Business is a team sport. If the growth of your company depends on one person, you'll likely suffer in the long run. Leadership in today's world must inspire collaboration among your team members.

One way to look at teamwork is to analyze what's happened in professional basketball. For every LeBron James who's considered the superstar propelling his team, there are five teams like the Michael Jordan-era Chicago Bulls. Teams can't rely on one superstar to "carry" the team -- even James agrees that one person can't run the show. The 1990s Bulls were successful for that very reason: While it was clear that Jordan was the focal point, the other players all contributed to the same goal. The Bulls weren't thinking they were helping Michael Jordan win an NBA title -- the title belonged to every member of the team.

Business teams sometimes struggle to gel this well on a regular basis. Occasionally, it's an issue of a superstar pulling rank. Other times, teammates have so many competing ideas they can't agree on a single one. Team members even split on things like how often they should communicate with each other. But there are certain things that can bring teams together -- and ensure teammates help each other grow. Here are three traits all good team players have:

1. They question teammates when it matters.

Being too cooperative can lead to being so open-minded that you don't have any opinions or insights of your own. Great team players spot potential problems or bring up details they think others may have overlooked. They ask how one change may cause another. They look into whether they can adjust an existing process to implement an idea or need to create a new one. This is how teams catch problems before they snowball. Excellent ideas, after all, can bring just as many complications as really terrible ideas.

That doesn't mean teammates bully or downplay others' contributions until they stop participating. If you hear condescension or thick sarcasm, that's not playing as a team -- that's wilting a team into submission.

I once coached a CEO that struggled with this: A high performer who scoffed at others' techniques, making them scared to discuss their sales progress at team meetings. The team decided to shift feedback so that every question began with "Have you considered..." That pushed the team back to problem-solving mode and eliminated snark.

2. They're willing to be vulnerable.

Vulnerability at work doesn't refer to sharing childhood memories or listening to an employee wax poetic about a great first date. While there's a time and place for that, vulnerability at work refers to people having an intimate understanding of their own strengths and weaknesses. Self-awareness -- of both their most amazing skills and their limitations -- is essential for team success.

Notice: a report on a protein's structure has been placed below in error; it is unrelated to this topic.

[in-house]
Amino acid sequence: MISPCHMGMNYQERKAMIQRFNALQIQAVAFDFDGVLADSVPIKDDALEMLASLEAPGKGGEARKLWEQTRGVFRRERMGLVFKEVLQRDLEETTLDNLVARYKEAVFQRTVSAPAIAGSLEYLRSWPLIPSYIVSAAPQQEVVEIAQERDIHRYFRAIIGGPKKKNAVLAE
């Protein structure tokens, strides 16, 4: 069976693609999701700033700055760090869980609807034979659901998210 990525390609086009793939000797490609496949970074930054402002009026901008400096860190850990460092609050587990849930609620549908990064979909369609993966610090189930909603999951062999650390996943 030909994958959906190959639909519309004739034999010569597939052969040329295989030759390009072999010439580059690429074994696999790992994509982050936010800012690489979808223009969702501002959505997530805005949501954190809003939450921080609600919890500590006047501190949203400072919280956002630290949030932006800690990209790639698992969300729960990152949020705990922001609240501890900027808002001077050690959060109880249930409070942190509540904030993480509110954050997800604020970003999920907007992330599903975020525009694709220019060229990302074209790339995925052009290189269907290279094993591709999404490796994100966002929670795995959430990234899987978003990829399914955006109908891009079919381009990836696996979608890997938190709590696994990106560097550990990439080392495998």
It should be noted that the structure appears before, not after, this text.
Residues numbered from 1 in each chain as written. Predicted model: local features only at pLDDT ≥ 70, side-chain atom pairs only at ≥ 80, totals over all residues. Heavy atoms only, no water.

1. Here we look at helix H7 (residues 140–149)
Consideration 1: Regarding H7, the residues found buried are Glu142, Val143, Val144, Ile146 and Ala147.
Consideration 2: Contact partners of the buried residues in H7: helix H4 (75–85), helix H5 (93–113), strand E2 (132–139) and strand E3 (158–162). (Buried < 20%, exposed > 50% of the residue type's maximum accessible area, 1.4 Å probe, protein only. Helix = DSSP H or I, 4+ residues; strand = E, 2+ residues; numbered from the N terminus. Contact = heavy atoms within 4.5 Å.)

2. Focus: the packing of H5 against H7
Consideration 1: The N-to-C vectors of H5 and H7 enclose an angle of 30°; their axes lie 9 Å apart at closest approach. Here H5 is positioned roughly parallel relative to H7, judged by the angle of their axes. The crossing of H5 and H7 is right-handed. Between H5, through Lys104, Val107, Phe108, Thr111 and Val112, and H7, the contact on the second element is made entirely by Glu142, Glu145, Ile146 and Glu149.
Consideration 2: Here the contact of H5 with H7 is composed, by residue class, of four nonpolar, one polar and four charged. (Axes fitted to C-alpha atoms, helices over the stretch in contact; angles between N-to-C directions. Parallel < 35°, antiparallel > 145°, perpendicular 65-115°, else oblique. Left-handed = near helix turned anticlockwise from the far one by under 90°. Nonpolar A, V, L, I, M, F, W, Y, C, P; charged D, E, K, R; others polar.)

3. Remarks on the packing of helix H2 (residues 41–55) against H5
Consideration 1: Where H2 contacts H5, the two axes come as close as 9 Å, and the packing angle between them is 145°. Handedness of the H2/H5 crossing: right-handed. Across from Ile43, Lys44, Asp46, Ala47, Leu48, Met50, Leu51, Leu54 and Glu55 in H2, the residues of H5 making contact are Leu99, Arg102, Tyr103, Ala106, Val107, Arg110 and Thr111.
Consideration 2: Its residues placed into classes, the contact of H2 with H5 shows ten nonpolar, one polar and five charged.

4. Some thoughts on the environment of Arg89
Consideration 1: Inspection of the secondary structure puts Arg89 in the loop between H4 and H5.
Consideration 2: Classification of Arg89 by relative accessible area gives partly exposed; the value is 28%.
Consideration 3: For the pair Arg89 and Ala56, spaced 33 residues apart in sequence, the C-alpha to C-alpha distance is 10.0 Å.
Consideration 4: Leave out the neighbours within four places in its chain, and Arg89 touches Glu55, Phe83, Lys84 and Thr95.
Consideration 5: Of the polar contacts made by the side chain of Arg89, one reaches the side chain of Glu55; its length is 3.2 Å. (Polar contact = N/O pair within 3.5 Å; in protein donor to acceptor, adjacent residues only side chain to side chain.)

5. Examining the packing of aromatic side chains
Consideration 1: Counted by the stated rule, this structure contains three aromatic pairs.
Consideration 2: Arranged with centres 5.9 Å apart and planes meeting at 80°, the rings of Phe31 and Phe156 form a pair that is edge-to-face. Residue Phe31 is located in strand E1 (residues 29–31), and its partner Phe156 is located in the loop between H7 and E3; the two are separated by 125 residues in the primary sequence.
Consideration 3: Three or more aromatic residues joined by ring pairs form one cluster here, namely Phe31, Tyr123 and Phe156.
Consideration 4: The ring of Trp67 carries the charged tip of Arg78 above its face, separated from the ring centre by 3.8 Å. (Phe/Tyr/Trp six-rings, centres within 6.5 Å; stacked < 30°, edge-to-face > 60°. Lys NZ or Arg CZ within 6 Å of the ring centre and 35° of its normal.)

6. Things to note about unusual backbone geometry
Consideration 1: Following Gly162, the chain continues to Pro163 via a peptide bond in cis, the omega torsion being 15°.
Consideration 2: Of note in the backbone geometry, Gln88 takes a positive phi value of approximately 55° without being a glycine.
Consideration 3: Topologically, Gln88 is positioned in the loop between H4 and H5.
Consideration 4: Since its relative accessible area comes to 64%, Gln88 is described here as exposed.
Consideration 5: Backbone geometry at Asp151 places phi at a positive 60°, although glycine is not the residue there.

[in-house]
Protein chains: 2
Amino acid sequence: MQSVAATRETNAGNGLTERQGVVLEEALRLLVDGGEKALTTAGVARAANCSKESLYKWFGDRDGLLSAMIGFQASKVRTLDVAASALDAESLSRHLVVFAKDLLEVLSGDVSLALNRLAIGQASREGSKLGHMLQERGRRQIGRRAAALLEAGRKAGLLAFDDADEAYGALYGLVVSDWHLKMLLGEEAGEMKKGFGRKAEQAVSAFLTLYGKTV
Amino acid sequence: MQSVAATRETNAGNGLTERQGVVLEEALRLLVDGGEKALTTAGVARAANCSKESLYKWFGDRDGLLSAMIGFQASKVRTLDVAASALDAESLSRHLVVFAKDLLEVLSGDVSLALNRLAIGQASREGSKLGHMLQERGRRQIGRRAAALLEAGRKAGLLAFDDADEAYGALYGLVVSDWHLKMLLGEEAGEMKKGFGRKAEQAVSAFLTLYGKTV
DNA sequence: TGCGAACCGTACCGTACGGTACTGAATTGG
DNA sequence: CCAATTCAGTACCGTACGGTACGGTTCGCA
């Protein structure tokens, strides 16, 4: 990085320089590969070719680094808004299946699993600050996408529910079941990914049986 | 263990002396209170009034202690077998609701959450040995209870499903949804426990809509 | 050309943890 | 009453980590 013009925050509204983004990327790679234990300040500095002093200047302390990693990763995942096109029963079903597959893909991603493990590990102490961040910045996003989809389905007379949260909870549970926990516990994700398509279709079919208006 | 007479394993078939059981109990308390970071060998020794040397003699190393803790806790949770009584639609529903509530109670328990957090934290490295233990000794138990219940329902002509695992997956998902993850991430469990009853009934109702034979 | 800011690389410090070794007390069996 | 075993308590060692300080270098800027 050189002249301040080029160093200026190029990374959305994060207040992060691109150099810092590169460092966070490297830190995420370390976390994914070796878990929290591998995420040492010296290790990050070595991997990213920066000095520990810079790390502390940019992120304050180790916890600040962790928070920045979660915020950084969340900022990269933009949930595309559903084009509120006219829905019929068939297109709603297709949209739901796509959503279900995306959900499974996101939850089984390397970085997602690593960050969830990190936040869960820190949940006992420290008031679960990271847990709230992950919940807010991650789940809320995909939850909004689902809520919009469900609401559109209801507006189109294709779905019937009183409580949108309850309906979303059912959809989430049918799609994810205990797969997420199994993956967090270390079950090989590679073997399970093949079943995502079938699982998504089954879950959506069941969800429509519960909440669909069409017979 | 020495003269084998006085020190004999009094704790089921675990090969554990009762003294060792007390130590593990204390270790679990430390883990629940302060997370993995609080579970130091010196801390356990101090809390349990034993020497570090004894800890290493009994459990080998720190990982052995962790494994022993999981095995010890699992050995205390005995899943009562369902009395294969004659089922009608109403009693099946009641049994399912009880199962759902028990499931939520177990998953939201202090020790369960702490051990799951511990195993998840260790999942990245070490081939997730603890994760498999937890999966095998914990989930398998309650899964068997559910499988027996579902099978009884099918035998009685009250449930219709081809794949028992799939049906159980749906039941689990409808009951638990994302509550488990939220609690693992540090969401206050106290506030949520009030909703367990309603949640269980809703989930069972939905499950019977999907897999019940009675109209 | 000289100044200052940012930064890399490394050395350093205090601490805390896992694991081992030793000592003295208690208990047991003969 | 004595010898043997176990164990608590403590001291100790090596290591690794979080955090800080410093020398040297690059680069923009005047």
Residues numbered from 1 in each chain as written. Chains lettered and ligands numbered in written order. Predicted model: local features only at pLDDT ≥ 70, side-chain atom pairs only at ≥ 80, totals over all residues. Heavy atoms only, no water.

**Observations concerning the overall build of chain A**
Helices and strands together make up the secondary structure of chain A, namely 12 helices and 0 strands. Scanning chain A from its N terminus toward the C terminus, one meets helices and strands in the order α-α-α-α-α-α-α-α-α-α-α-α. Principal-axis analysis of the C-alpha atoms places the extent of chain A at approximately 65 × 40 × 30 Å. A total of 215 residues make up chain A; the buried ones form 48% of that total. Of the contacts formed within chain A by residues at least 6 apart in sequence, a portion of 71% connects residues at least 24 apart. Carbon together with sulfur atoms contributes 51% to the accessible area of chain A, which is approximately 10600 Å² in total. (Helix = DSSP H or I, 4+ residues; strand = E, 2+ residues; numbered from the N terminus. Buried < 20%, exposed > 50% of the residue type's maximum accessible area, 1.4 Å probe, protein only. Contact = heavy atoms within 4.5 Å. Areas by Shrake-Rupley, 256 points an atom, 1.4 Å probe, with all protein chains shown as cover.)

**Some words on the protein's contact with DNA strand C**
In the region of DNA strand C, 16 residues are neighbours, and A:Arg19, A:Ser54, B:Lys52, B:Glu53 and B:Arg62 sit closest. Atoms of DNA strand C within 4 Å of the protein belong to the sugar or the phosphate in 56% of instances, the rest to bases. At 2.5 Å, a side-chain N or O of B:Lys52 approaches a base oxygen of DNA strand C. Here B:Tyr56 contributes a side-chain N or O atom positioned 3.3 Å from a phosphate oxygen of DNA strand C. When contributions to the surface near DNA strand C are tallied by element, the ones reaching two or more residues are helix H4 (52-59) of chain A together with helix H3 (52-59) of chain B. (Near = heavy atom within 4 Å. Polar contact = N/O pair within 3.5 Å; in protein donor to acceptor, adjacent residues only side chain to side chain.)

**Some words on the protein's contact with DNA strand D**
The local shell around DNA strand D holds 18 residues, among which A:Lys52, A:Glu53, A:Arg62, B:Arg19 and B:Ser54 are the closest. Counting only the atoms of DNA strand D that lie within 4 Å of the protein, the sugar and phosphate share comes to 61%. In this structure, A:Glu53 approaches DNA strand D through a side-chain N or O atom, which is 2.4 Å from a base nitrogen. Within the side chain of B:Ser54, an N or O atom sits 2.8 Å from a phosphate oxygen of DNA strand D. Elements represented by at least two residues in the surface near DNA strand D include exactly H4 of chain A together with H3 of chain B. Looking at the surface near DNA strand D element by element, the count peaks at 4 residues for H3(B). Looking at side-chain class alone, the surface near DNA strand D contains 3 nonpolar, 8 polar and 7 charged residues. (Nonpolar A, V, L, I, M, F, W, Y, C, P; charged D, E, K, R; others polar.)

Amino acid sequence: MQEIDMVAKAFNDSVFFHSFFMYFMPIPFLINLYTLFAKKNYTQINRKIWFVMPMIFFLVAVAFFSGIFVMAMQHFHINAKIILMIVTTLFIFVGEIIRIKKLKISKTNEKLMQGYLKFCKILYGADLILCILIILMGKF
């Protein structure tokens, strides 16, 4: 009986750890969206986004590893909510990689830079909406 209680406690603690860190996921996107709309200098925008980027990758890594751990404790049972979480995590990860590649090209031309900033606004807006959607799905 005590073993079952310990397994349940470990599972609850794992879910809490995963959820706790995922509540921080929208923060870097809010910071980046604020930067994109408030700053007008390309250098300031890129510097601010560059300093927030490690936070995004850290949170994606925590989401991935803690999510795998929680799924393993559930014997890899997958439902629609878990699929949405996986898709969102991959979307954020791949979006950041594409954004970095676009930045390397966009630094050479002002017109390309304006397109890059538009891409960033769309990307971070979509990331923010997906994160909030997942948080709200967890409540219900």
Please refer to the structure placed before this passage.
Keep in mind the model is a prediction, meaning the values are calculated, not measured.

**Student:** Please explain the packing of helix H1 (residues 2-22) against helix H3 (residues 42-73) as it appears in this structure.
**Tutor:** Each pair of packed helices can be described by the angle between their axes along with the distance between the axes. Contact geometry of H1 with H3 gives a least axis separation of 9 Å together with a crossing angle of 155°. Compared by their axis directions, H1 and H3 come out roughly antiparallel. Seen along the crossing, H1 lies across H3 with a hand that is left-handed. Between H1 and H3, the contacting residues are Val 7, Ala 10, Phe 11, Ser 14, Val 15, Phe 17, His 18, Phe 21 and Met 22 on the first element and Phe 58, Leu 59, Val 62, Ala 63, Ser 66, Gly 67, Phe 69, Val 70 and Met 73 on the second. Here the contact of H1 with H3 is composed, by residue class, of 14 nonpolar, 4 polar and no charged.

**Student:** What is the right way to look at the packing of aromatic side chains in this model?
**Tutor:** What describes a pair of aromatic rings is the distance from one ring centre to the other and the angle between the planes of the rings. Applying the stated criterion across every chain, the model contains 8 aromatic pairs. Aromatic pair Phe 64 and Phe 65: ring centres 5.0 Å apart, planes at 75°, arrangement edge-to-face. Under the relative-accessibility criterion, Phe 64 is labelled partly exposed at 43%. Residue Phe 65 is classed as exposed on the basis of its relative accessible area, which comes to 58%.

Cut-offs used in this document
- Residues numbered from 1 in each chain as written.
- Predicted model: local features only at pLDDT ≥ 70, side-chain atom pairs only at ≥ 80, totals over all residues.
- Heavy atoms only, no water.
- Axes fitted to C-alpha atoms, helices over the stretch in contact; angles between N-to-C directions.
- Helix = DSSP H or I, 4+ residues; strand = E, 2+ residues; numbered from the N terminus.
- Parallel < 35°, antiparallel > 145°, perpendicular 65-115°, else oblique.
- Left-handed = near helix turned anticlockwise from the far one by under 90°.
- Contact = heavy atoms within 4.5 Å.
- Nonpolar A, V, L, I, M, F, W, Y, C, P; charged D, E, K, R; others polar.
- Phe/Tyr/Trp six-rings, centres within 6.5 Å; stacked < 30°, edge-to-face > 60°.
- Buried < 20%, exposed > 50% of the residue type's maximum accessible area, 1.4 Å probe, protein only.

I interviewed a leader who said his teammates came up with an exercise about their "success buckets." Each person had a "great," "maybe," and "yikes" bucket. The things they could immediately contribute toward went into "great," while the areas they had struggled with for a long time were "yikes." "Maybe" was an in-between option to capture the things they hadn't yet tried or were still in the process of mastering. It helped everyone be open with their teammates about how they could help without feeling judged.

3. They're the same person in the front and in the back.

Nothing will ruin a team's camaraderie faster than broken trust. Some "team players" are known for saying whatever they think other people want to hear. They agree to take on projects they don't want. They eagerly sign off on overflow work. They applaud a boss's idea at a team meeting. But when they complain about these things behind closed doors, it ensures people won't trust them.

Positivity is great, but keep in mind that someone who resembles Pollyanna all the time is likely festering some longstanding resentment (or is a robot). Negativity shouldn't be an all-the-time occurrence, but someone who diplomatically airs grievances or sets boundaries is doing you a service: being honest. Teammates who mean what they say are trustworthy, and they can even help you see things from customers' and partners' perspectives.

The business world, just like the NBA, is full of LeBrons. To build a great team, you need to look for strong team players to fill your roster -- and they aren't the doormats you may have been primed to expect.

Published on: Apr 24, 2019
The opinions expressed here by Inc.com columnists are their own, not those of Inc.com.